Over at Vincent’s blog, there’s been a lot of talk about Mechaton, a superfun mecha fighting game. You build your guys, say what all the parts do, then take strategic objectives while smashing each others’ guys, leaving Lego body parts strewn across the table. It’s the best such game I’ve ever played. Strategy’s very important, as is tactics, and luck has just the right effect on things.

Here is the army I like to use the most. There’s one more guy than I can use, and I decide at game time what I want the loadout to be.

This guy’s all defense. He’s got 2 Reds at Long range in the form of a recoilless rifle on his back and a pair of smashin’ guns for 2 Reds at Direct range on his arms.

The same guy. You can see the Glaug influence.

This is Shiva. One Green for bird legs, ECM and carbon chassis for stealth (2 Blues), lasers for kick you ass at Direct range.

This is Scout. 2 Yellows for the sensors, a Blue for ECM, two Green for running on all fours, and a Green d8 for not having ranged weapons. Sometimes, he gets Big Missiles. I couldn’t find the missile rack, so none are shown.

These are the Fuchikoma built to fight as a single, revolting mass. They’ve got two Reds at HtH, a Yellow for their sensor dome, a Blue for being little, and a Green d8 for not having ranged weapons. Their optional Green for having four legs is left behind so they get another initiative die.

One of them, alone.

The game will be on sale at GenCon Indy. I was going to sell kits, but it’s a huge amount of work. I’d have to have a huge demand up front to put that energy in. Nonetheless, you should totally buy the game and play it. I’ve had more fun with this game than all the time I’ve spent playing Warhammer and Battletech combined.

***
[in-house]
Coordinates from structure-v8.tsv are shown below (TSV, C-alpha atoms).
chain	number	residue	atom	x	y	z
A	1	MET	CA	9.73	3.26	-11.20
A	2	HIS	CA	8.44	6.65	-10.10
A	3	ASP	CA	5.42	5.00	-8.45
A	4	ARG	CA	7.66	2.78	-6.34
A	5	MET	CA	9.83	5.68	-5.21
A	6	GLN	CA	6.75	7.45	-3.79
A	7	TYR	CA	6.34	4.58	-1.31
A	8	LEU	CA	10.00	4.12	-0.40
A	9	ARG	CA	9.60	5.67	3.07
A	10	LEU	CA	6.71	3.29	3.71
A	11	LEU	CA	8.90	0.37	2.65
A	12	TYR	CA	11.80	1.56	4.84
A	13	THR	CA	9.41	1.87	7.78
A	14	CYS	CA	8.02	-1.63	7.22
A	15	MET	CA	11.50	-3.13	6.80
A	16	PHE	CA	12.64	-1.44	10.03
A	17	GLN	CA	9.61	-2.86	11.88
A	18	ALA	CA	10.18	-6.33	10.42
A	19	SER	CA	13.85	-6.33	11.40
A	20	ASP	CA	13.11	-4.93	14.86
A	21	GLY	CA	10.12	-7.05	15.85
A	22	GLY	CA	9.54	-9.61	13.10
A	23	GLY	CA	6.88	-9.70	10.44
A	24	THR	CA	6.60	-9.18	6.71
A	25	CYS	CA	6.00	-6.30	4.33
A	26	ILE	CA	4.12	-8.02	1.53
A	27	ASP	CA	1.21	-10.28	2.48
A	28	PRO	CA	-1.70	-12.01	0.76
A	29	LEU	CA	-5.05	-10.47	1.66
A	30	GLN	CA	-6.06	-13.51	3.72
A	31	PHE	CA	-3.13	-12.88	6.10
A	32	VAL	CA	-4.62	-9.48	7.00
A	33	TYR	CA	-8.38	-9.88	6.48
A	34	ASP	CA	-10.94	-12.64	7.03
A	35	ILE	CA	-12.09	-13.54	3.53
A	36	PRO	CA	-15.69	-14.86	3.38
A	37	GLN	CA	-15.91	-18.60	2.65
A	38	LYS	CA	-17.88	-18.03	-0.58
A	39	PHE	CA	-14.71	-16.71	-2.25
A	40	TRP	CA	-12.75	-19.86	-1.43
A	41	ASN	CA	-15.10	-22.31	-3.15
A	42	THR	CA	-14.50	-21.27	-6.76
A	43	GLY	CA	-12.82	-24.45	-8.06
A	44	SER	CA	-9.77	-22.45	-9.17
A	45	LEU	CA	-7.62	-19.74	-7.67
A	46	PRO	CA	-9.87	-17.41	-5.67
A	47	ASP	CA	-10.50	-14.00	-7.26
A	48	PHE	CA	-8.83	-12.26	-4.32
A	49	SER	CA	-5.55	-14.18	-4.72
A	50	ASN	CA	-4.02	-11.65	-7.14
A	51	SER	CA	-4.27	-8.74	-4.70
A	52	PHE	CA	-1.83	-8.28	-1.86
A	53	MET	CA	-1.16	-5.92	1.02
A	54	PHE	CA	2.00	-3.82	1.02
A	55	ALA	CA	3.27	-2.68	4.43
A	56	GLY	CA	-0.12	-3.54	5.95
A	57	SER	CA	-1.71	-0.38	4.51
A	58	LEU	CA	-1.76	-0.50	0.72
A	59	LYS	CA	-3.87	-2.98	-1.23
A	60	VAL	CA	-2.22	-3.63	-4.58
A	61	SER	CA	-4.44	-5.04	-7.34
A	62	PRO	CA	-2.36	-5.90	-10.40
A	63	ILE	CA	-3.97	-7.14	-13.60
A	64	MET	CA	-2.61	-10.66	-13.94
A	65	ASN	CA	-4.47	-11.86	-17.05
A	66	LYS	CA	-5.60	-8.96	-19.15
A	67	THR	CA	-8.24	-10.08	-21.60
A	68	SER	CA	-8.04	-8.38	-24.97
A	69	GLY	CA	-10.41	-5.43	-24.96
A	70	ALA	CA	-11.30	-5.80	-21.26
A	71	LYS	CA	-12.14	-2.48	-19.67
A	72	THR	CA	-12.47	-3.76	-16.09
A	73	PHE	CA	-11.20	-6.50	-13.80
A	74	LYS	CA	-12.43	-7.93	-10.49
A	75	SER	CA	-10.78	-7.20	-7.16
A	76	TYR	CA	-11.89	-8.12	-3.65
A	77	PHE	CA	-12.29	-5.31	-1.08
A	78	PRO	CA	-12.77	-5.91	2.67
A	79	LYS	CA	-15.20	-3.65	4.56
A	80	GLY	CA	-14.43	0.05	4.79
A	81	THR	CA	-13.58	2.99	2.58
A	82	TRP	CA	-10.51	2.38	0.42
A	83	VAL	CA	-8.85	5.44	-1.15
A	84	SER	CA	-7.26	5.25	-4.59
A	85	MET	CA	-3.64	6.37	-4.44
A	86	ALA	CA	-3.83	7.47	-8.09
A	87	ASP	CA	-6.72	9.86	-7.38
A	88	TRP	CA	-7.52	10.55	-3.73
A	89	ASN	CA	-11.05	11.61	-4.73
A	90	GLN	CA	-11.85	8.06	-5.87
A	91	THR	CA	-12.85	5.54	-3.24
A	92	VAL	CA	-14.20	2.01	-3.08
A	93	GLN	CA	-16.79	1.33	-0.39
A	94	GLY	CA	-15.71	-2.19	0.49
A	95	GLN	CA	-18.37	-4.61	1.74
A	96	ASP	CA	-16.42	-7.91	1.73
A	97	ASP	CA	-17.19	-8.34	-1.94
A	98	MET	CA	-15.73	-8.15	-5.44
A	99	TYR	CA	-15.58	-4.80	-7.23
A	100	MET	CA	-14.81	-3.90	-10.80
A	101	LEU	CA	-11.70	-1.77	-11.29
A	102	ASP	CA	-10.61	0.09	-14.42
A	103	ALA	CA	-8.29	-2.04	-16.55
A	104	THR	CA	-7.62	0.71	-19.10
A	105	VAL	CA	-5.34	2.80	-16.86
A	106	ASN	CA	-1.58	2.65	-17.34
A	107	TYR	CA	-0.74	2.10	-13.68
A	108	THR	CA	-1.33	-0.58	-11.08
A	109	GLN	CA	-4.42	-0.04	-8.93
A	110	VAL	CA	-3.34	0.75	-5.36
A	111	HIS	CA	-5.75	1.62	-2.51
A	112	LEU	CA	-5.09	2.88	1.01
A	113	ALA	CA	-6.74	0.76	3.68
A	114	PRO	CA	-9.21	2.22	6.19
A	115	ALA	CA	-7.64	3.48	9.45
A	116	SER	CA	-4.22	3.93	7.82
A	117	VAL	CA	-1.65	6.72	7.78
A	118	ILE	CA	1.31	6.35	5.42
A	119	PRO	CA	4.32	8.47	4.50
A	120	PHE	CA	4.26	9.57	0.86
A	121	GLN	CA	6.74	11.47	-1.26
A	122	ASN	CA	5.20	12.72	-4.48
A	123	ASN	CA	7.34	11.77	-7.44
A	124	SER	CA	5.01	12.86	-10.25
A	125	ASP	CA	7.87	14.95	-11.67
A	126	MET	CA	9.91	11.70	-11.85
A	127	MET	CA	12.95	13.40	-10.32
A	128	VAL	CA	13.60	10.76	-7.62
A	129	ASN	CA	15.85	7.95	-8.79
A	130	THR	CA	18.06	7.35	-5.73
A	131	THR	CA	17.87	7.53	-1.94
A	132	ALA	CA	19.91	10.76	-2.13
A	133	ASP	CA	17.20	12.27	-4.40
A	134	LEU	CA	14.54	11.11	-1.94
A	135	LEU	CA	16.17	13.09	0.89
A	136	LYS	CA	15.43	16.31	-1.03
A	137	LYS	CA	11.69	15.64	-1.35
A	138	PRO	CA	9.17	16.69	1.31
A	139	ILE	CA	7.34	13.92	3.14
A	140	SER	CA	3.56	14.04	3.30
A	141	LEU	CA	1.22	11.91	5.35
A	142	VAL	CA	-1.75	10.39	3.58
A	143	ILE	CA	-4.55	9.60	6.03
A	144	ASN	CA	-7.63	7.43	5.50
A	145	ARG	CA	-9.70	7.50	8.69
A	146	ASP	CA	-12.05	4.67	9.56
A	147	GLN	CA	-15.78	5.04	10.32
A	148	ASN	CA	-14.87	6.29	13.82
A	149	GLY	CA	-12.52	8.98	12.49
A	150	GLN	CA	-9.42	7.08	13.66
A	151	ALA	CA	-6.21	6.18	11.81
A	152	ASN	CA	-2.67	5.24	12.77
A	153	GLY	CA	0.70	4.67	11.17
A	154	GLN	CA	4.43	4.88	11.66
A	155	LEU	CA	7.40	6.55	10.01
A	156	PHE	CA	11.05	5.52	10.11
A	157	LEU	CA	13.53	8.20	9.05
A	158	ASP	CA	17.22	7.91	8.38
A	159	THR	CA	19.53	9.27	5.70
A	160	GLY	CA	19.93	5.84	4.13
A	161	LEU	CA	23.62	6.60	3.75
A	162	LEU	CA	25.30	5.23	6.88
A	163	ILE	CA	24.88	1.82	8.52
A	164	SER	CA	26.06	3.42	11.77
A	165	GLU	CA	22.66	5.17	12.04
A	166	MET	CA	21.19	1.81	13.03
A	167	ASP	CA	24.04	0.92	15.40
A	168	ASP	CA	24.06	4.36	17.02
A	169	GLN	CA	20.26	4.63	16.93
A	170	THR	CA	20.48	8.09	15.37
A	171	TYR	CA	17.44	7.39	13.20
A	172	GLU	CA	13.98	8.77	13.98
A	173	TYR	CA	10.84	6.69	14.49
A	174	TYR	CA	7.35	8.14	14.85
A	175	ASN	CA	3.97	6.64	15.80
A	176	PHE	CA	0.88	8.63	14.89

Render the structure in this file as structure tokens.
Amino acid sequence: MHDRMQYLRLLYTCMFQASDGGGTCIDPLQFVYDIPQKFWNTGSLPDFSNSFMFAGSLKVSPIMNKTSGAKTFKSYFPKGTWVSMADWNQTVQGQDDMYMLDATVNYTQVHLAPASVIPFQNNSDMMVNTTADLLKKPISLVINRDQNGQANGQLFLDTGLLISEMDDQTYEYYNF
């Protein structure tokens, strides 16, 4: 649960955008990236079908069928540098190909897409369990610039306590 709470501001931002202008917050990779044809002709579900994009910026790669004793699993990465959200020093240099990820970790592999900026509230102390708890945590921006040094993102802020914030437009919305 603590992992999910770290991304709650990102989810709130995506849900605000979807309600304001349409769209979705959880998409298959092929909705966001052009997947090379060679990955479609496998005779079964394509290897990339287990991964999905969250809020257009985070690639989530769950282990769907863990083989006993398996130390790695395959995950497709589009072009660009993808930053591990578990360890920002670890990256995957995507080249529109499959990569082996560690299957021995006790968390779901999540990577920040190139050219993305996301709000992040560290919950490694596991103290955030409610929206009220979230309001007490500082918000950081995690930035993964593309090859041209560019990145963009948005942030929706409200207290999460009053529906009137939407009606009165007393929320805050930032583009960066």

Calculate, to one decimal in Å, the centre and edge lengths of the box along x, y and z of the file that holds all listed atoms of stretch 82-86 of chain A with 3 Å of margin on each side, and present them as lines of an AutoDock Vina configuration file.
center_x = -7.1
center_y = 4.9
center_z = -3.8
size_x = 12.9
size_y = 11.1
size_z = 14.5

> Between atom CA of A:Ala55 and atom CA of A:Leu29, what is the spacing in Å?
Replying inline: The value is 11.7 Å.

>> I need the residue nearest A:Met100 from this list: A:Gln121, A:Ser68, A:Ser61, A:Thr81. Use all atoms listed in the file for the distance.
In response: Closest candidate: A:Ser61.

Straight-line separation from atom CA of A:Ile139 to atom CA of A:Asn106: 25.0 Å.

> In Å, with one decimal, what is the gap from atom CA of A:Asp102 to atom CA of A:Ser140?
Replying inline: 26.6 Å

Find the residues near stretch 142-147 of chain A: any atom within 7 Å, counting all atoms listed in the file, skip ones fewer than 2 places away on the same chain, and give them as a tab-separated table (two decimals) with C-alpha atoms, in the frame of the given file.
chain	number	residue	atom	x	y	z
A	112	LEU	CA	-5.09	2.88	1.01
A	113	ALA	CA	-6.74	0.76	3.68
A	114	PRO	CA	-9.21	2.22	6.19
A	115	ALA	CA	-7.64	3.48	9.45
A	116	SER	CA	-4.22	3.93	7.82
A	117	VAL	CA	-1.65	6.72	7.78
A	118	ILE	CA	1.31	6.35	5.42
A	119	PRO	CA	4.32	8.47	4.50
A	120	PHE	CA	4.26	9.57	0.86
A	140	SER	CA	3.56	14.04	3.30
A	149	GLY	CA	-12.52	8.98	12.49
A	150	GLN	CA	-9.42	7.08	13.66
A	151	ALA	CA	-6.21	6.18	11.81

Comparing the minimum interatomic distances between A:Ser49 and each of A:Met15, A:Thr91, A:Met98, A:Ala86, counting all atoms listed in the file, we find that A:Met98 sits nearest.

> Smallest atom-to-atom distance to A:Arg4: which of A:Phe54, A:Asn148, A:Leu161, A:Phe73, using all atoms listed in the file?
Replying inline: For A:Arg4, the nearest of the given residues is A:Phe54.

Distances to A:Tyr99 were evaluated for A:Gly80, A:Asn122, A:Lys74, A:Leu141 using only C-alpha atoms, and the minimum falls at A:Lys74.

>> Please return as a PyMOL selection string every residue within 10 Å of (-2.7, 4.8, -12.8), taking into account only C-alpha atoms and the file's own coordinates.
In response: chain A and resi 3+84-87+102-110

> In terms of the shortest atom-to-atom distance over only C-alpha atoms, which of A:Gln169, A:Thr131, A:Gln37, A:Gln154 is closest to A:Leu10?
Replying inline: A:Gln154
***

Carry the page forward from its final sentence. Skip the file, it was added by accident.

Shock: illustrations, hot off the drawing board!

The following are the two extant illustrations for Shock: They’re both from Who Art in Heaven, the game fiction written by Ben Lehman.
vacuumorph
A vacuumorph, laid out for dissection by company trainees.
Shuttle
The Revolution starts and blood is spilled.
In process is a drawing of the town in a nameless game played with Vincent and Carrie. The town is a company town, based around a space elevator on an alien planet. I’ll probably do another from Trash in the Hopper, played with Judd Karlman, Shawn DeArment, and Stephan Edelson. Most likely the scene where Judd’s character’s body is craving intimacy.

The place to find shocking things under the bed.

I’m finally getting this weblog running. It’s a weblog about design for the most part, and because many of my friends will care, it is sometimes about my life.

The design I’m talking about is largely game design, but also graphic design and sometimes probably even industrial design. Everything you see that someone made? Someone designed that. Every brick, every book cover, car handle. Every word was placed by someone in that book, every rule was considered. That’s what I want to talk about.
Please feel free to comment. If you’ve never commented here before, I’ll have to OK you to make sure you’re not spam.